José Galván is a man from the old school for whom flamenco dance is, and always has been everything in his life. Married to a dancer, he has been transmitting that love of dance to his students for over thirty years. Through his dance school have passed names like Juana Amaya, Hiniesta Cortés and above all, his children Israel and Pastora Galván to whom he taught his vision of this art, although like Oedipus in the famous Greek tragedy, they had to “kill” the father to find their true artistic path. After this lengthy hiatus without performing, he feels the time has come to show a sample of the dance of his era. “Maestría” is the name of the show.
What’s the reason for your return to the stage?
Mostly I’ve returned because on the current scene of flamenco dance, there aren’t many dancers from my generation. I feel physically fit and strong, so I thought it was a good moment to return.
“I always looked up to Farruco, he was the model”
What made you retire in the first place?
I did it for my family. My wife and I retired at the peak of our career, when we were beginning to receive recognition, but Eugenia wanted to be with the children, and I was used to dancing with her, so we decided to start a dance school, and that’s what there’s been up to now.
Who did you learn from, what were your beginnings?
I taught myself, started out singing in a chorus in Nervión. I took part in a radio contest, and from there they took me to a theater to sing, and everything began to happen quickly, contracts, shows in Seville, Badajoz, Madrid… At 17, my voice changed and I couldn’t sing like I used to, but I knew I wanted to be a performer, so I teamed up with my sister and we were hired by Caracolillo and Juanita Reina. From then on, with a lot of hard work, and I became a dancer.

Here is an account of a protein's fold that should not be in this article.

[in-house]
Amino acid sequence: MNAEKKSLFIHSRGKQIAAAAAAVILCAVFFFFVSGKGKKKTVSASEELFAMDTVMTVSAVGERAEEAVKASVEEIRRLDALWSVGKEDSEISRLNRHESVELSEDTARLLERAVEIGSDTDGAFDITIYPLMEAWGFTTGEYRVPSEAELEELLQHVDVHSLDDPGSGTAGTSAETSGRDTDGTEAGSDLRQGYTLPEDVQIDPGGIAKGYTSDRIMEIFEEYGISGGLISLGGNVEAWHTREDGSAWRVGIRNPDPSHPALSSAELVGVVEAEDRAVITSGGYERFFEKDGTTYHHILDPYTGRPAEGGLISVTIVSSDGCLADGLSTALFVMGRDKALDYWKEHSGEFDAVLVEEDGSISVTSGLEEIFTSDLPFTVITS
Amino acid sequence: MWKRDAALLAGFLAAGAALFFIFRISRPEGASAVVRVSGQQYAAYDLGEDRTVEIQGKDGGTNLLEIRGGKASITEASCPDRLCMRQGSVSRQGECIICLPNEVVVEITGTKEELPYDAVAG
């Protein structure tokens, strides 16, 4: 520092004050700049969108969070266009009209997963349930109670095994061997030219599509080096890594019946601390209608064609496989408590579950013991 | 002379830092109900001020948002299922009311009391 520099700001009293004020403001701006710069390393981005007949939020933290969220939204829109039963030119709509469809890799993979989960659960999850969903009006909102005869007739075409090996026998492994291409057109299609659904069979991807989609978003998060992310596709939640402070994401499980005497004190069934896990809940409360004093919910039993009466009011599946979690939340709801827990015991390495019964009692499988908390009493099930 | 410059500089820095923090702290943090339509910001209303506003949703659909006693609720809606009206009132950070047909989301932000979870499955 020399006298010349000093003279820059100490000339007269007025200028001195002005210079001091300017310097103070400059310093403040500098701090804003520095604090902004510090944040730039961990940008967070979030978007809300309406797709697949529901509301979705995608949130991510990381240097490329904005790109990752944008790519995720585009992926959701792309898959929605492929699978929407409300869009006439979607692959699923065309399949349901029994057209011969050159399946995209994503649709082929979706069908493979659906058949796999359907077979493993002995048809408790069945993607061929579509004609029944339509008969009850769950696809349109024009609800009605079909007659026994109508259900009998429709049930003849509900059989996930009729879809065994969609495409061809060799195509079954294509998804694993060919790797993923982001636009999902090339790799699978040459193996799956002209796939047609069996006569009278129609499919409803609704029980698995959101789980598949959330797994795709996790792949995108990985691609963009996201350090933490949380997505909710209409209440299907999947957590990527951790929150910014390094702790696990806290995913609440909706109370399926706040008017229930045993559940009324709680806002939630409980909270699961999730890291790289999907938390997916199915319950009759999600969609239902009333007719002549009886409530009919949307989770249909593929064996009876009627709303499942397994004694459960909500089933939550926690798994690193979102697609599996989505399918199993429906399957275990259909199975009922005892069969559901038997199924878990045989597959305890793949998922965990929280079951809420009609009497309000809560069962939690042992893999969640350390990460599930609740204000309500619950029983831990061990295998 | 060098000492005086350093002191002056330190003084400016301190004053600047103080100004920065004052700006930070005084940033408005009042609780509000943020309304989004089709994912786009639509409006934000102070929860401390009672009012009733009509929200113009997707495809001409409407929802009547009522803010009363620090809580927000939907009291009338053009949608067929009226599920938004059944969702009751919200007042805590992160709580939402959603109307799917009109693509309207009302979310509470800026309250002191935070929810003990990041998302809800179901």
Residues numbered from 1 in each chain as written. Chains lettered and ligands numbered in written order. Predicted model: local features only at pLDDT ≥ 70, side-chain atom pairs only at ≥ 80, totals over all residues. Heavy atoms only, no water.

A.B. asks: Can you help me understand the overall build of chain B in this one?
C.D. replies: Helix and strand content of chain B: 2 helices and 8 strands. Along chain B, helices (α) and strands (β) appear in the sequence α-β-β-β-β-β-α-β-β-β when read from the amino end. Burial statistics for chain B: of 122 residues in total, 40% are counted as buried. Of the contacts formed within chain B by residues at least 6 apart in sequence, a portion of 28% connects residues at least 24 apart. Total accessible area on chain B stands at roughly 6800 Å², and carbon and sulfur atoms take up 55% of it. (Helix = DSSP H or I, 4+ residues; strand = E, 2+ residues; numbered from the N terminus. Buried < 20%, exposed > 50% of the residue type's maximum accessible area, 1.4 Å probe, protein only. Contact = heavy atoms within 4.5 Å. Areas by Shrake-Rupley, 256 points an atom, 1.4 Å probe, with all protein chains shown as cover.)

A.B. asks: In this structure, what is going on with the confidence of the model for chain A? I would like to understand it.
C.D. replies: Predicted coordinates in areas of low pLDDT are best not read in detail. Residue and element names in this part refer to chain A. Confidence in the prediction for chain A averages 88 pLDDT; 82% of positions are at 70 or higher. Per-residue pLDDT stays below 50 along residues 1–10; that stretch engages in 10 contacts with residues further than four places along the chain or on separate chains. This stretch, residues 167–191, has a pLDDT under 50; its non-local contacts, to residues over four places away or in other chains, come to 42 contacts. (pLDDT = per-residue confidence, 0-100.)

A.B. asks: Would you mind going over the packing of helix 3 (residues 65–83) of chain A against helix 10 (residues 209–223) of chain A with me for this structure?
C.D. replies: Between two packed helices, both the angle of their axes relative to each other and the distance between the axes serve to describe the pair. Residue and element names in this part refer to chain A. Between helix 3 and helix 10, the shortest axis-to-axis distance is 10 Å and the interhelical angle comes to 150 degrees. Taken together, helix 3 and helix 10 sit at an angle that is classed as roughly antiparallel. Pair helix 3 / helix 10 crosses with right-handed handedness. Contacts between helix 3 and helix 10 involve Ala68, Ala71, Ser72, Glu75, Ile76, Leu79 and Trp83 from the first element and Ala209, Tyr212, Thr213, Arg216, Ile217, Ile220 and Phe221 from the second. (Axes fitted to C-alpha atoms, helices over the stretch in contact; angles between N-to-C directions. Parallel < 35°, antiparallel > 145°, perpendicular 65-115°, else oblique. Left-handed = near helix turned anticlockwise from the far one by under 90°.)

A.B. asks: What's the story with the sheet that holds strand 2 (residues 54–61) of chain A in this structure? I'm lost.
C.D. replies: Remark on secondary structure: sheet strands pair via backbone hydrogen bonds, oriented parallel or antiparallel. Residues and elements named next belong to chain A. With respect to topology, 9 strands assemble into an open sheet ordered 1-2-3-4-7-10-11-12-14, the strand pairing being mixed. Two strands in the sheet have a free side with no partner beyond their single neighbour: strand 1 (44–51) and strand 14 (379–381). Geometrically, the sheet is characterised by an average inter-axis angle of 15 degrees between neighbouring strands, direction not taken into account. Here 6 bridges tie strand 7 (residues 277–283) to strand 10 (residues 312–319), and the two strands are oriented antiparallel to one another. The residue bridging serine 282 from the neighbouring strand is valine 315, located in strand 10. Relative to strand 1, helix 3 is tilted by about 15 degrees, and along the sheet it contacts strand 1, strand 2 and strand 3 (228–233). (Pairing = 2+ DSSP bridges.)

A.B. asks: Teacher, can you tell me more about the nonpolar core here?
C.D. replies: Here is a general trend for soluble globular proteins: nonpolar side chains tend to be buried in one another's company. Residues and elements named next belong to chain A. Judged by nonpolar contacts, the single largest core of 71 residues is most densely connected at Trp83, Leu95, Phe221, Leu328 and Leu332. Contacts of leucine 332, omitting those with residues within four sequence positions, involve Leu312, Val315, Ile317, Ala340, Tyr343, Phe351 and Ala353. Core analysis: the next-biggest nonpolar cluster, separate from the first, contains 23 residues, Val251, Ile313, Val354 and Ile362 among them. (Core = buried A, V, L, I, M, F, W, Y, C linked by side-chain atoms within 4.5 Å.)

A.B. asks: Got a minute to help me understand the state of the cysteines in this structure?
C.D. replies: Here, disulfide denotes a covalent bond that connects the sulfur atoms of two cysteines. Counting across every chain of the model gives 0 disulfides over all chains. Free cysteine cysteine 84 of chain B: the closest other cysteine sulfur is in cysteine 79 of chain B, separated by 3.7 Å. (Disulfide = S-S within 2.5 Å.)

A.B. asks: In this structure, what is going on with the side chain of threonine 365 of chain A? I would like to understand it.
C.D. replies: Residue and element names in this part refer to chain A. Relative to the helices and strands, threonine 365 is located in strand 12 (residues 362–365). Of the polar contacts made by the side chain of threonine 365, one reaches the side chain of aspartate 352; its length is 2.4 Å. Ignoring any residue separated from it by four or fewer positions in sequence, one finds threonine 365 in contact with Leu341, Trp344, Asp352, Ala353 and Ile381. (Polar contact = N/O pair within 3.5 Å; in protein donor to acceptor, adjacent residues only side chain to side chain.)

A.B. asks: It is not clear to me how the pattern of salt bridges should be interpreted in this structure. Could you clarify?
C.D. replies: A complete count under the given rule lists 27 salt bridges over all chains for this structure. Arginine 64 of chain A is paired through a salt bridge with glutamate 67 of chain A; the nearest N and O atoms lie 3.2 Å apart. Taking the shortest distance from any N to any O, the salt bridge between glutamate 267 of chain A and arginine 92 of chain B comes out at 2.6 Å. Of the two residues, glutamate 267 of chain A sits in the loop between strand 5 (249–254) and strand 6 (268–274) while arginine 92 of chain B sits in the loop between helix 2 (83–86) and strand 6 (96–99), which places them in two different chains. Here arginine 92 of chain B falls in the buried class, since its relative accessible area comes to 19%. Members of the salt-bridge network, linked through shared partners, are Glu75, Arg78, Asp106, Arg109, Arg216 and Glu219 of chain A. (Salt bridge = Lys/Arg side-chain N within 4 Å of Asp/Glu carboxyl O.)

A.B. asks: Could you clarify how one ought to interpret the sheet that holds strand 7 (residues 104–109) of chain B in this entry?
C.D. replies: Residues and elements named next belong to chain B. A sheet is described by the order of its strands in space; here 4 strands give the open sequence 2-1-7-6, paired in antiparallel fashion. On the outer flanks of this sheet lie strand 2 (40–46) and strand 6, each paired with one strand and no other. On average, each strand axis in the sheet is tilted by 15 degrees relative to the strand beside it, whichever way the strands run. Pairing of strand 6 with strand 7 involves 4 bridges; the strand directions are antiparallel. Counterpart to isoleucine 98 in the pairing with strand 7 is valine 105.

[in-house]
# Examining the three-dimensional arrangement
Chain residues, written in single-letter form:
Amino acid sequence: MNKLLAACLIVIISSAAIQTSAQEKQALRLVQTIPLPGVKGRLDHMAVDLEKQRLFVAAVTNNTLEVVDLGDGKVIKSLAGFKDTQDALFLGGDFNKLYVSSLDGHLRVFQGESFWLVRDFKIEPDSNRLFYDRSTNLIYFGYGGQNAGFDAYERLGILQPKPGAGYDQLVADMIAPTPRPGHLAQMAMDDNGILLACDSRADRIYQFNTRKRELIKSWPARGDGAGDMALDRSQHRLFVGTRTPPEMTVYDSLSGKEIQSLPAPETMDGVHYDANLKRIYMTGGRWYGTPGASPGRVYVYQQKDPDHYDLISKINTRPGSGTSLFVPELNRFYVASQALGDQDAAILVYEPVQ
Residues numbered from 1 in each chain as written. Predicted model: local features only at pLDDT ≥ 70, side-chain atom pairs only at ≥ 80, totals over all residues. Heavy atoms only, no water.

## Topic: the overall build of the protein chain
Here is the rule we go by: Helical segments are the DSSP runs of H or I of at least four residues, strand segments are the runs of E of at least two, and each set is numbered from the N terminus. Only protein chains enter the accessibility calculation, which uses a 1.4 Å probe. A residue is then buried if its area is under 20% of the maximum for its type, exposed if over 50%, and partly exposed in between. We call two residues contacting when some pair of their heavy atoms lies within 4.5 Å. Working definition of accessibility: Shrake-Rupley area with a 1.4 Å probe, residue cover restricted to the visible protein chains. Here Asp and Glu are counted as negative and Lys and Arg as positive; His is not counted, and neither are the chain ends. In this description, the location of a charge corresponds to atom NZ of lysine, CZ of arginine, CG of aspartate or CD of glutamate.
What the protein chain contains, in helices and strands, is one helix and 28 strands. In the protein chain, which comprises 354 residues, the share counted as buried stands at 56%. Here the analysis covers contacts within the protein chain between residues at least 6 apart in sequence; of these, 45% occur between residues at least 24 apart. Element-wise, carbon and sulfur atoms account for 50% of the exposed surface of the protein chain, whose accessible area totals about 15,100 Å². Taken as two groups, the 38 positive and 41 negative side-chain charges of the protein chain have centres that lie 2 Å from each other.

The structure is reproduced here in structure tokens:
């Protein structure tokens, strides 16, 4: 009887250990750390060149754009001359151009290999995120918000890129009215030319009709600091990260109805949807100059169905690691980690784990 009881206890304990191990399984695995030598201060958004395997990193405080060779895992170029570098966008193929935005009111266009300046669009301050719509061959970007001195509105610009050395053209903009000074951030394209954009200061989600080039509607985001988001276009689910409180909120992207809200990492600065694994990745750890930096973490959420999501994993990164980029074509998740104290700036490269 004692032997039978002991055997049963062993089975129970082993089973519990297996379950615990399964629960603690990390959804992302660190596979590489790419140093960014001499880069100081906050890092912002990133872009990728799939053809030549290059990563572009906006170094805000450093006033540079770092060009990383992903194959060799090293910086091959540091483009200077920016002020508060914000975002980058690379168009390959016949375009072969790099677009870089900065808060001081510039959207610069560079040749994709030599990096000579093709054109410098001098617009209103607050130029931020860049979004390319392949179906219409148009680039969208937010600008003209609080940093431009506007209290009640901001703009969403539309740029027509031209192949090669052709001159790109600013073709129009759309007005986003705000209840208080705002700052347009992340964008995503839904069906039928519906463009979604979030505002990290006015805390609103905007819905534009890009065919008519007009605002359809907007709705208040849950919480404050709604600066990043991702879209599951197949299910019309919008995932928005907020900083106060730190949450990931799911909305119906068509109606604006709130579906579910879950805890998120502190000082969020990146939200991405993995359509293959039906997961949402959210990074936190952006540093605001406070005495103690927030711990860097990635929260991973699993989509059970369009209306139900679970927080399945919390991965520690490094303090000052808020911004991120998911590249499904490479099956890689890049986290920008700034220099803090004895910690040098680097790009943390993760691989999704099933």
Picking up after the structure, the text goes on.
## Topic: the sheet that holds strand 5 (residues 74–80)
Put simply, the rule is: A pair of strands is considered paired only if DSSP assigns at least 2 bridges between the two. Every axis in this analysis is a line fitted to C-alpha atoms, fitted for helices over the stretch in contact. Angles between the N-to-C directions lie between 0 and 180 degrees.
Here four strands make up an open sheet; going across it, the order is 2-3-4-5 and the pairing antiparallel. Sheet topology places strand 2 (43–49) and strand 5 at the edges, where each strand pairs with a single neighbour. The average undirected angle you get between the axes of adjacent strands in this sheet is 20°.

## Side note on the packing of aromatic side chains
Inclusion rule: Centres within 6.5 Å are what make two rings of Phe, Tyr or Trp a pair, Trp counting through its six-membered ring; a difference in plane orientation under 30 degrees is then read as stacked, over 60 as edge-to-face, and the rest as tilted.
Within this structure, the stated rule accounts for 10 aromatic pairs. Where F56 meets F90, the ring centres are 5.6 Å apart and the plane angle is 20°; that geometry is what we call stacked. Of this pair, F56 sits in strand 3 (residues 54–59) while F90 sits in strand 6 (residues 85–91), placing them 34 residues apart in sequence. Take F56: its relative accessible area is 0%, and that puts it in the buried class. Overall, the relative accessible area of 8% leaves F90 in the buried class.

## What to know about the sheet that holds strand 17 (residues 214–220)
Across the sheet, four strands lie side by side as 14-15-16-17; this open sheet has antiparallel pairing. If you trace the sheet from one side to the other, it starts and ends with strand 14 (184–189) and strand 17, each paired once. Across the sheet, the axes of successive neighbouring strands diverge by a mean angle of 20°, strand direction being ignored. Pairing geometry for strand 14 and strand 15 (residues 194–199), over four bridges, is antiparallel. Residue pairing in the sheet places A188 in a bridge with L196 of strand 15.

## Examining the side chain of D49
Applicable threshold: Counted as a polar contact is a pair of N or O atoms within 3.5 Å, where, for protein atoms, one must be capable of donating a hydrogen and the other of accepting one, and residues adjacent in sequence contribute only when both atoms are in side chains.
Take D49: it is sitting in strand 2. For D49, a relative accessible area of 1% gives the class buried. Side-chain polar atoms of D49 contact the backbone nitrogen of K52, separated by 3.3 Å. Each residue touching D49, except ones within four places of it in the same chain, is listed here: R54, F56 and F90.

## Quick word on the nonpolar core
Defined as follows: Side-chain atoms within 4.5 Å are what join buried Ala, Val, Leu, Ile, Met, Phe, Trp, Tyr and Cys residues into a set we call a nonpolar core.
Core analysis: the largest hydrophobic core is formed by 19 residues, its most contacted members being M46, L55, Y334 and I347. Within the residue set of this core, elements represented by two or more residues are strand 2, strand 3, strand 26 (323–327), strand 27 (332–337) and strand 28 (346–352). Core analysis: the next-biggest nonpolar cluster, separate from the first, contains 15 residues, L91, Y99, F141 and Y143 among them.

“‘Israel, do me a favor, put the farruca you did in Córdoba in the show, and we’ll forget about the loan’, and he said he didn’t dance for money, but for his feelings”.
But you must have followed some model…
I always looked up to Farruco, I worked a lot with him at La Cochera. I used to love to watch him dance, and I think I caught his style. But no matter how much I would watch his feet, I couldn’t get it, he was very fast.
How would you describe your dancing?
I think my style is very flamenco, both my wife and myself have always been known for strong dancing, especially in soleá and bulería. My wife is gypsy, and the best thing she has is her arms, I think she’s one of the best there have been, she has a very pure way of dancing, which is what both of us have always liked.
”Once he began experimenting with his style, the first time I saw it, I left the theater covering my face so no one would recognize me. That was in ’98 with the show Los Zapatos Rojos”.
So you’ve always followed gypsy-style dance. Do you think your children dance gypsy?